The use of the Lord's Prayer at this point in the liturgy is particularly appropriate in view of the petition for "daily" bread, which had Eucharistic associations in the early Church. The petition for the coming of the kingdom also serves to remind us that the Eucharist is not only a memorial of redemption, but also an anticipation of the future banquet in the kingdom of God. The petitions for forgiveness are another way in which the Eucharist as an act of reconciliation is expressed.* The Lord's Prayer is the prayer instituted by Jesus himself (Matthew 6; Luke 11).

 

For many, this use of the Lord's Prayer is a part of the personal preparation the communicant makes while anticipating the reception of Communion. It is not a part of the liturgy, but often people will also recite the Lord's Prayer following Communion after they have returned to their pew. This derives from the older liturgical practices of the Book of Common Prayer when the Lord's Prayer was recited by the gathered communicants following the reception of Communion by all gathered.

 

* Book of Alternative Services p 180

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Lesson 18

The Agnus Dei and the Fraction Sentence 

June 01, 2014

The Agnus Dei is the formula beginning with the words 'O Lamb of God' recited shortly before Communion. Its scriptural basis is John 1:29, which is derived from Isaiah 53:7. It had its origins in the liturgy through the Gloria in Excelsis, but in approximately 610 AD, Sergius, the Patriarch of Constantinople (the Orthodox Church) instituted its use and ordered it to be sung at the time of the Fraction. Originally it was said only once but by the beginning of the 11th century it was said three times, though the third 'have mercy upon us' was changed to 'grant us peace'. Although it is usually said or sung three times, it may be said or sung any number of times.

 

The Fraction is the formal breaking of the bread which in all Eucharistic liturgies take place before the Communion. It goes back to Christ's action at the original institution and was a sufficiently striking element in the primitive rite to make the 'breaking of the bread' a regular name for the Eucharist.

 

Generally, the fraction takes place immediately following the Eucharistic Canon, or prayer, and the Lord's Prayer.!

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Lesson 19

The Gifts of God

June 15, 2014

The phrase "The gifts of God for the People of God" serves as an invitation to receive the sacrament. It is at one time both a practical part of the liturgy, communicating to the people that it is now time to ready and present themselves at the Altar to receive Communion, and it is a reminder of the immensity of the action that the people are about to participate in.

 

This is no small thing that the congregation is about to share in. The body and blood of Christ, the bread and the wine, are holy gifts being given by the Divine (God) to humanity (the people). The gifts of God are, by their very nature, greater than any gift we could offer to another and they are the greatest gift we could ever receive. And as the People of God, we have been chosen by God Himself to receive this incredible and incomprehensible gift because God has chosen us to be in relationship with Him.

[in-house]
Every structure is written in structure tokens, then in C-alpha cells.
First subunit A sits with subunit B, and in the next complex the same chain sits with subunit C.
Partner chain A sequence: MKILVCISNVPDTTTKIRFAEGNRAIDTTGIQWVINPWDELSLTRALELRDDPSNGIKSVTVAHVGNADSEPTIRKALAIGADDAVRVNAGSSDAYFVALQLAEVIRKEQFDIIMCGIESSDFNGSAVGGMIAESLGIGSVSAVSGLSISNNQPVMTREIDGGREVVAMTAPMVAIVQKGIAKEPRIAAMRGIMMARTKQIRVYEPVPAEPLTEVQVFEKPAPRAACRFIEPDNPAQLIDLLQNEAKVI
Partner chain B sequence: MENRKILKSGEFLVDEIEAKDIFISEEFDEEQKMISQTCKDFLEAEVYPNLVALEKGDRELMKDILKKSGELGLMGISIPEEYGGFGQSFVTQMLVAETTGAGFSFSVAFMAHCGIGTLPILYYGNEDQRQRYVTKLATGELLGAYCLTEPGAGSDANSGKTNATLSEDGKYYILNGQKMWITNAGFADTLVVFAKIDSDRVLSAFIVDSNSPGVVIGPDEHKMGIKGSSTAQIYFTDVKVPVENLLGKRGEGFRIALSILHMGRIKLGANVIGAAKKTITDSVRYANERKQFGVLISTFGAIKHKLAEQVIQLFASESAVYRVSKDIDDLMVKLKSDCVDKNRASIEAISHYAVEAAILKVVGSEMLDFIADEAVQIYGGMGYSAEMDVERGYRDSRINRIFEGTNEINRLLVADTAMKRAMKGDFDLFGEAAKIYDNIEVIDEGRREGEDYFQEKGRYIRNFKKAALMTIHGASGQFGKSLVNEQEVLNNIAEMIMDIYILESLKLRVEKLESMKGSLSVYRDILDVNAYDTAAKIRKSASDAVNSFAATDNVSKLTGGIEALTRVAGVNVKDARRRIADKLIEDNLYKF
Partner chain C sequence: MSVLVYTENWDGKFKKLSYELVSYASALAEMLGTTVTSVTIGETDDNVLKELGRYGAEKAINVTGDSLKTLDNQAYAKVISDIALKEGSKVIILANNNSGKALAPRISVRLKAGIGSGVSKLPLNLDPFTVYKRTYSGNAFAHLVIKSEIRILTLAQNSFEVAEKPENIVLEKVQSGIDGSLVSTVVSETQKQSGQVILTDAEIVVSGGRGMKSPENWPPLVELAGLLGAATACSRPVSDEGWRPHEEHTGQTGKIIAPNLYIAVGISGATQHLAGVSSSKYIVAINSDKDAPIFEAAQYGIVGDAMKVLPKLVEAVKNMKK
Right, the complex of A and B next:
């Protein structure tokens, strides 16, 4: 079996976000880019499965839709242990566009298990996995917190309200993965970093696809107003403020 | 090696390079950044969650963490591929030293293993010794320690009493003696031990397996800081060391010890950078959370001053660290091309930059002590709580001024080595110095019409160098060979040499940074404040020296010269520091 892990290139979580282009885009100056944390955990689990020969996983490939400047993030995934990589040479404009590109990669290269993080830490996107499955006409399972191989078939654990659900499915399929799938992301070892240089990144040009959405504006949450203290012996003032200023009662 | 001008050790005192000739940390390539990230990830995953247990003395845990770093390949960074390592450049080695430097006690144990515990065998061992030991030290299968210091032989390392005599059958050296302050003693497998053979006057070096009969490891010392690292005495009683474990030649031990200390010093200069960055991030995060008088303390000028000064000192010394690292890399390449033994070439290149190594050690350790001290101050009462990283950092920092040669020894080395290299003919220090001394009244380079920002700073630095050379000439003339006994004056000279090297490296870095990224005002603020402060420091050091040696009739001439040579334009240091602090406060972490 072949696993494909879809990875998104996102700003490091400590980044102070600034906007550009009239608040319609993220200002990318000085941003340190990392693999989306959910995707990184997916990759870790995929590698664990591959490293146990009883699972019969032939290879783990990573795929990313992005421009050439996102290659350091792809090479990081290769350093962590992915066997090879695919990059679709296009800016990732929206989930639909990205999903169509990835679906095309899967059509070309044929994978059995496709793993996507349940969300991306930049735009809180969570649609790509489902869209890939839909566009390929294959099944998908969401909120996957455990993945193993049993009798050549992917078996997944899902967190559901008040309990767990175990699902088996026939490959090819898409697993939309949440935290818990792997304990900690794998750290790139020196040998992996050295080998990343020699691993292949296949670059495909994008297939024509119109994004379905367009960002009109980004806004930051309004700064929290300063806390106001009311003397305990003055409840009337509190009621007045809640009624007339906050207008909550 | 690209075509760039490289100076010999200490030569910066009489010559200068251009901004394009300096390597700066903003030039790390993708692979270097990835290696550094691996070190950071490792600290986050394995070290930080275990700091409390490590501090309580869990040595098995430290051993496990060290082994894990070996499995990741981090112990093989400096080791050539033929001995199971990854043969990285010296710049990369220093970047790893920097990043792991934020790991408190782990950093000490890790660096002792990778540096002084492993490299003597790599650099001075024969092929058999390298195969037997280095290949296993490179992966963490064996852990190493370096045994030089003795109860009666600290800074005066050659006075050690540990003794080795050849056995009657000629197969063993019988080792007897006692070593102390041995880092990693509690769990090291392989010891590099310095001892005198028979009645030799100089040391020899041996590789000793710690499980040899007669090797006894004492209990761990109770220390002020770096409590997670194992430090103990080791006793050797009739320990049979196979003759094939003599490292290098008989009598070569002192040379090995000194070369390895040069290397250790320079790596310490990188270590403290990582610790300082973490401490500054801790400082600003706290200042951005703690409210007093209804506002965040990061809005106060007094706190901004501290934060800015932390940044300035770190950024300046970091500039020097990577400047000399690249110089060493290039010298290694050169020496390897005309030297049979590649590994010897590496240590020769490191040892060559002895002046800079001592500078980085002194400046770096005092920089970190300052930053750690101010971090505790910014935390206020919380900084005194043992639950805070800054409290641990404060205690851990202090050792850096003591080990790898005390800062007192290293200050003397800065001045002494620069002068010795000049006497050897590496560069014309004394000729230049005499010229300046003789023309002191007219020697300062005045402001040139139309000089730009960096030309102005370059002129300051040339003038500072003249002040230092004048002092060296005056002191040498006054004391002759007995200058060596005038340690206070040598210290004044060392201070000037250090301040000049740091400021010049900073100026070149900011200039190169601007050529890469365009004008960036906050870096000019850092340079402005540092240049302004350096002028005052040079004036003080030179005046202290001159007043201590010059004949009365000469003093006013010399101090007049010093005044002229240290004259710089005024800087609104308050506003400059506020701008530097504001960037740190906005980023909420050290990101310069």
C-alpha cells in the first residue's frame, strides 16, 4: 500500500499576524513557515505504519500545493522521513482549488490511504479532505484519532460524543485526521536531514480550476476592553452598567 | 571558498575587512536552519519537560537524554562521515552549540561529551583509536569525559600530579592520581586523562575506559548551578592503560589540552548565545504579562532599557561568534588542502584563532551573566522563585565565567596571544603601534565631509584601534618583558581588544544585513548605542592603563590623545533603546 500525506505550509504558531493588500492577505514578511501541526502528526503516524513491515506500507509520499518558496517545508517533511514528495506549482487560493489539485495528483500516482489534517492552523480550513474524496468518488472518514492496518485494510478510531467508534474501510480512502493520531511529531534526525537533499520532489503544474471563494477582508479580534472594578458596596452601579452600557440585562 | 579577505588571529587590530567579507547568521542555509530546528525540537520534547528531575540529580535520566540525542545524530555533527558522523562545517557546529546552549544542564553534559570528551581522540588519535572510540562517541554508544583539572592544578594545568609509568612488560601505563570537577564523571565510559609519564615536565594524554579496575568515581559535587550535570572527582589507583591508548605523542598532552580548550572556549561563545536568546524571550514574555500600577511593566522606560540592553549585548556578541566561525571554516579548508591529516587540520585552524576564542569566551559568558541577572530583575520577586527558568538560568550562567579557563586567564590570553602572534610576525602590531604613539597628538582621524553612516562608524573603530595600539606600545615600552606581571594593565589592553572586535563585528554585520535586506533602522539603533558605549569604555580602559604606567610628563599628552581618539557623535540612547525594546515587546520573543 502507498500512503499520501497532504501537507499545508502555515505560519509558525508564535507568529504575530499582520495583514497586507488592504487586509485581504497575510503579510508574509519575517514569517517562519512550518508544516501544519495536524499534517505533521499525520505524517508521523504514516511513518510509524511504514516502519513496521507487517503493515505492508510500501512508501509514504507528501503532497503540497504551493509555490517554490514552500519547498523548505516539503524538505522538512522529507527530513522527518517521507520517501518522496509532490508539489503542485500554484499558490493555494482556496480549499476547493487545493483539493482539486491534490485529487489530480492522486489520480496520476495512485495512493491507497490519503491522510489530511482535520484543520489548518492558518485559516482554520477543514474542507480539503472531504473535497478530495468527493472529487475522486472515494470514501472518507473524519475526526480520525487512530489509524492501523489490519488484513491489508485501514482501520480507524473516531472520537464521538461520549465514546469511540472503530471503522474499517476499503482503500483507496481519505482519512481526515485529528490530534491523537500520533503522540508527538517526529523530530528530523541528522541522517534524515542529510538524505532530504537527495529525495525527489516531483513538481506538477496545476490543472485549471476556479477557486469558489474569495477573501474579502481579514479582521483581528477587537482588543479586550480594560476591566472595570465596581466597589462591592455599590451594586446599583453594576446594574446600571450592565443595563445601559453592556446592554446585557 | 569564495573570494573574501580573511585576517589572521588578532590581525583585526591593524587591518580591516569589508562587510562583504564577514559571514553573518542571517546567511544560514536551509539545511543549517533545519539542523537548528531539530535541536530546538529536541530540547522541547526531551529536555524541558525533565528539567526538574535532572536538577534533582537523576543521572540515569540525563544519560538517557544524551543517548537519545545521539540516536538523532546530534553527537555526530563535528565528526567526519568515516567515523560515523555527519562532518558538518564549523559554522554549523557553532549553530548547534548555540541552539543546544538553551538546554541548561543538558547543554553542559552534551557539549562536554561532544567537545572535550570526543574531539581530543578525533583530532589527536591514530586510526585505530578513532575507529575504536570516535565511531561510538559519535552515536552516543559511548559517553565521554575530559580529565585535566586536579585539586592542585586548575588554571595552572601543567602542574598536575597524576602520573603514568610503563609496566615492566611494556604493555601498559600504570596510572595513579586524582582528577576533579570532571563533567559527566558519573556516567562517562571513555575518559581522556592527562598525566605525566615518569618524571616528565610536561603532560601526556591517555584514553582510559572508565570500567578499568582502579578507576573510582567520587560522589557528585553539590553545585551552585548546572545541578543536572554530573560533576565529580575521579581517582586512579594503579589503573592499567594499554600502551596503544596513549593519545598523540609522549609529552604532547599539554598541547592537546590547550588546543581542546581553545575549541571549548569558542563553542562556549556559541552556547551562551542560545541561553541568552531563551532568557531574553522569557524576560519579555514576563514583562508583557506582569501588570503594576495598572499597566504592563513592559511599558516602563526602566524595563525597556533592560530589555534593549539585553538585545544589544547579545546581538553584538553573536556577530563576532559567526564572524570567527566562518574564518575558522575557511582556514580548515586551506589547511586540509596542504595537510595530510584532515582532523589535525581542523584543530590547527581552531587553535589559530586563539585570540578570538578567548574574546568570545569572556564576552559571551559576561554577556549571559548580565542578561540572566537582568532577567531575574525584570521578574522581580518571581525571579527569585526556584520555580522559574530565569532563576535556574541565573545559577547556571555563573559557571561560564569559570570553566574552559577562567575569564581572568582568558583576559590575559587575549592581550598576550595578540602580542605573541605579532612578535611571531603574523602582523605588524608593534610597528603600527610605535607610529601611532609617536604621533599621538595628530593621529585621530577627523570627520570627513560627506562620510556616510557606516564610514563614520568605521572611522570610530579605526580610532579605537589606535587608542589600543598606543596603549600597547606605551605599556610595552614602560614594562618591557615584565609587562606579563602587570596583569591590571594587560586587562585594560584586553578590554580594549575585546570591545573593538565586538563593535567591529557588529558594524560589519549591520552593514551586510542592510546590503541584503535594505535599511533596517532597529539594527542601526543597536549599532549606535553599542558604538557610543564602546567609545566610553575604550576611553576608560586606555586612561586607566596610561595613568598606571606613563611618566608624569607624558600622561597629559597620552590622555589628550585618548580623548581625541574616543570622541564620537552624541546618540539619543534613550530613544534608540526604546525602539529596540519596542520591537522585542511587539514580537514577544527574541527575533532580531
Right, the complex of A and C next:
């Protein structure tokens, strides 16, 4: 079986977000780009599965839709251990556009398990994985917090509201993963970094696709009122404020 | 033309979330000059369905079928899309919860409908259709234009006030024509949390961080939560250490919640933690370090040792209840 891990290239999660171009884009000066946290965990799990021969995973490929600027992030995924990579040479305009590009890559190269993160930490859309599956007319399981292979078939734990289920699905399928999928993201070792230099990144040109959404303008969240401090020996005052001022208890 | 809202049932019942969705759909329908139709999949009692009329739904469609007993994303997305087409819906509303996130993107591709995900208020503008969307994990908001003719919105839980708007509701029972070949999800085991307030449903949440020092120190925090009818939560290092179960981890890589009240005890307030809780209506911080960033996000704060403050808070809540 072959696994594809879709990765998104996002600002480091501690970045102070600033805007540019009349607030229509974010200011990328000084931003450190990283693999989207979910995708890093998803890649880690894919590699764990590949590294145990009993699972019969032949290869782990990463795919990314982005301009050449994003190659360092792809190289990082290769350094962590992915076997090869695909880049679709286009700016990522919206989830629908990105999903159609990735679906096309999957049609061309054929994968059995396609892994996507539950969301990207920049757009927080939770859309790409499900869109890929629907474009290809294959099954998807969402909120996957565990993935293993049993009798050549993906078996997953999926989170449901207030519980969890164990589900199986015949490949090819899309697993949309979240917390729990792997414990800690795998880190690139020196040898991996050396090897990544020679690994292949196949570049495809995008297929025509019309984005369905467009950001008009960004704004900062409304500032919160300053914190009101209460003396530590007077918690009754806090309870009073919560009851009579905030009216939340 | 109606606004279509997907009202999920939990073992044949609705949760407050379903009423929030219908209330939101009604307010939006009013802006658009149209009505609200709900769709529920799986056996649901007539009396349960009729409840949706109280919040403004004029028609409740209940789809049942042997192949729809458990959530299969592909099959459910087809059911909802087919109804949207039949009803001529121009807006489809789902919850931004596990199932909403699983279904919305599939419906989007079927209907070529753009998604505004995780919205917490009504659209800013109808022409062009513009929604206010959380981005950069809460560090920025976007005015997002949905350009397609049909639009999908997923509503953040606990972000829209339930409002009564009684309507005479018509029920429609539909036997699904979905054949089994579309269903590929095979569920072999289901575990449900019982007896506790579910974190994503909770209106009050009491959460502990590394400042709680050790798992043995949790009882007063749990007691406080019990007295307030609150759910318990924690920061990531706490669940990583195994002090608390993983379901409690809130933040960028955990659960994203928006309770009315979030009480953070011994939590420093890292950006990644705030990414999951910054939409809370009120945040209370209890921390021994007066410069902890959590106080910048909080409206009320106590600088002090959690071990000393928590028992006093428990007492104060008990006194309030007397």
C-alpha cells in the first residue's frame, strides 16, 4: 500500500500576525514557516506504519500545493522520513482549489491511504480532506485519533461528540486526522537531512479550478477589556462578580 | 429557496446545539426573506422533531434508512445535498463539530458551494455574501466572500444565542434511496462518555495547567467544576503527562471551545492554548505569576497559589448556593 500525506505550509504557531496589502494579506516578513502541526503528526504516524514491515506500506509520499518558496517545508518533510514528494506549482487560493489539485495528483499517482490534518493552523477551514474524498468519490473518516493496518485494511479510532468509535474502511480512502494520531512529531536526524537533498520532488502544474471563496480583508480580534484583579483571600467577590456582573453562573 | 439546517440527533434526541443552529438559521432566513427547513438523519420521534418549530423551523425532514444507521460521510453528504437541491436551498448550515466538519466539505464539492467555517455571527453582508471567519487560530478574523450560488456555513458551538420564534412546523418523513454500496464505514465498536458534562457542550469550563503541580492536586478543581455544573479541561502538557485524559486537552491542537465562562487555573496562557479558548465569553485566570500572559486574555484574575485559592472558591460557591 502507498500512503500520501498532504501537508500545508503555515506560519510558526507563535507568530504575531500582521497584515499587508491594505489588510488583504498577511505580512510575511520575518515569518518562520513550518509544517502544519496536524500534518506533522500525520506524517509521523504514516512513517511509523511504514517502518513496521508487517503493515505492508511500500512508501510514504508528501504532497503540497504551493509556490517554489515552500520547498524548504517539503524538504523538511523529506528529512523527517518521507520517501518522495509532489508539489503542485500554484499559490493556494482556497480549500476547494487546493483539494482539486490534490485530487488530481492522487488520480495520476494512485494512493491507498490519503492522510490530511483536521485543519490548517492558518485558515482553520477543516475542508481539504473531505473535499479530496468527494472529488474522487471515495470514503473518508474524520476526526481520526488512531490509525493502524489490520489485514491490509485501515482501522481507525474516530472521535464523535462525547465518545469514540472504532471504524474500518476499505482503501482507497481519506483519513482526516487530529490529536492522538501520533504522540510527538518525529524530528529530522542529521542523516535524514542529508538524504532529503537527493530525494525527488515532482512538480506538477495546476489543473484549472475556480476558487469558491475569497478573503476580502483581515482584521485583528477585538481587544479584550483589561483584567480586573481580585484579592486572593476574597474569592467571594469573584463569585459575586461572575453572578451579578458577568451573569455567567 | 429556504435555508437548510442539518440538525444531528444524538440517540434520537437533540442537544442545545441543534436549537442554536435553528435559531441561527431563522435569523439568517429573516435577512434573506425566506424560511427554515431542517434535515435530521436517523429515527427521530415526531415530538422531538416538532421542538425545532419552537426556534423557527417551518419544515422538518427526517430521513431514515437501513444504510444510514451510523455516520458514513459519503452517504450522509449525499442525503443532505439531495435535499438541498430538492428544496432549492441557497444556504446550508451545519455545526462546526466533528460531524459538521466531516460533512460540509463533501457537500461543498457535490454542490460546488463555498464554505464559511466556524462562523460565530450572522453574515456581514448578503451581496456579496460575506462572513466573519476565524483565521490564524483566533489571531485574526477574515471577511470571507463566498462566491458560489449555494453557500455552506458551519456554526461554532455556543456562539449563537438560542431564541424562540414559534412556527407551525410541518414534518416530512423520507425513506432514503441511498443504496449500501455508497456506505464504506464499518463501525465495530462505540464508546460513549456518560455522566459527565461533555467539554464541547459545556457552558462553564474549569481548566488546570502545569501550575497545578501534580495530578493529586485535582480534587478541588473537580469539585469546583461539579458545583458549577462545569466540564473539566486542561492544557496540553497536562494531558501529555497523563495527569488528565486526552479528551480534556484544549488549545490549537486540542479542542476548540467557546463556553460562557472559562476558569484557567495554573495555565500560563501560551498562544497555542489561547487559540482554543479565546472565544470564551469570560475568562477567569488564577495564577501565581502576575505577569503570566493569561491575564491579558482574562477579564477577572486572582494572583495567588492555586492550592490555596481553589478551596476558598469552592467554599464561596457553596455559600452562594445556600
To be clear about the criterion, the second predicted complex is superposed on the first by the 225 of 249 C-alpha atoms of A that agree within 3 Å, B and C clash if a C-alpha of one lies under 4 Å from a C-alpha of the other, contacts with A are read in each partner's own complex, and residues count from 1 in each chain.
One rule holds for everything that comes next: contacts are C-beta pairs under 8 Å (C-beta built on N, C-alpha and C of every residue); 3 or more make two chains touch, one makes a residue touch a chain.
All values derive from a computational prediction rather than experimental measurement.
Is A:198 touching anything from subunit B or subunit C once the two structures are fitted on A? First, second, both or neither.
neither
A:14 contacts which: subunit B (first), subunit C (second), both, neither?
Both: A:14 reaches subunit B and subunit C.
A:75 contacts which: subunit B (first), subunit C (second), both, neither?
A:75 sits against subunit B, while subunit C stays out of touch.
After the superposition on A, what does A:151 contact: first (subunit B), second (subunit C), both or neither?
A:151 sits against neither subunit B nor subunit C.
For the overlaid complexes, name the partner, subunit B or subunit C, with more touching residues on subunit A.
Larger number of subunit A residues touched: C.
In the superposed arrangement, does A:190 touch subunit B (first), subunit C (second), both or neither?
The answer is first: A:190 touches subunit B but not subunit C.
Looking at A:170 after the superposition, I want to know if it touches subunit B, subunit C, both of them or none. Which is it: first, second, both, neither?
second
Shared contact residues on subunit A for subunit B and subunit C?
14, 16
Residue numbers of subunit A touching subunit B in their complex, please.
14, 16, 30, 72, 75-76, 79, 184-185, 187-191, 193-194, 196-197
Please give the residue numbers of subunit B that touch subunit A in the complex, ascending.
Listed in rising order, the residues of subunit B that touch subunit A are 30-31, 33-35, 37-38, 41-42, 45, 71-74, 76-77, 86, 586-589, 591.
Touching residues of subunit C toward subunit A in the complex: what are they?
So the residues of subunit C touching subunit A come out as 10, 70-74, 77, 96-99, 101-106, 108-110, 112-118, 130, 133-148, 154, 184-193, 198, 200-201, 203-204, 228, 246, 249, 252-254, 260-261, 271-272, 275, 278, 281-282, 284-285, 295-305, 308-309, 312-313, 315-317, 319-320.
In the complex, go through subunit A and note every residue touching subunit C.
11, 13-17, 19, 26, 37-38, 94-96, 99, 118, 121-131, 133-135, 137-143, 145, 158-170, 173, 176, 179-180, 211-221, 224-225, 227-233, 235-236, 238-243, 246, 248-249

"The gifts of God for the People of God": at once an invitation to approach God's altar, and at the same time a reminder that we are God's Chosen people!

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Lesson 20

Holy Communion

June 29, 2014

The Eucharist is essentially the sacrament of the gift which God makes to us in Christ through the power of the Holy Spirit. Every Christian receives this gift of salvation through communion in the body and blood of Christ. In the Eucharistic meal, in the eating and drinking of the bread and wine, Christ grants communion with himself. God Himself acts, giving life to the body of Christ and renewing each member.  In accordance with Christ's promise, each baptized member of the body of Christ receives in the Eucharist the assurance of the forgiveness of sins (Matt.26:28) and the pledge of eternal life (John 6:51-58).*

 

When we receive the Eucharist or Holy Communion we are opening our minds, bodies and souls to the great and perfect goodness that Jesus shares with us completely. It should always be a moment of mystic connection, when our human bodies are joined through the bread and the wine with the eternal divinity of Christ. We are not only encountering the Hoy in Communion, but we are being infused by it.

 

Although there have been arguments made through the years that Holy Communion is too important and special to be received on a regular (daily or weekly) basis, we take our cues from Christ himself who exhorted us to participate in the Breaking of the Bread whenever we gather in his name. We should never think that Communion is so holy we should hold it in high esteem and only participate in it once in a while. As baptized Christians we should be receiving communion as often as possible, seeking out that moment of mystic connection, being nourished and encouraged by Christ that we might have the strength to do his work in the world.

 

Posture: While it has been the tradition of the Church to kneel to receive Communion, it is perfectly acceptable to stand for reception. This is particularly important for those who experience, knee, hip or back pain. Assume the posture for receiving Holy Communion which will best allow you to recognize the power and nature of what you are participating in, rather than assuming a posture that causes your mind to be on your body or yourself, distracting you from the beauty and awe of what you are sharing.

 

* Baptism, Eucharist and Ministry," Faith and Order Paper No. 111 World Council of Churches, Geneva 1982.

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Lesson 21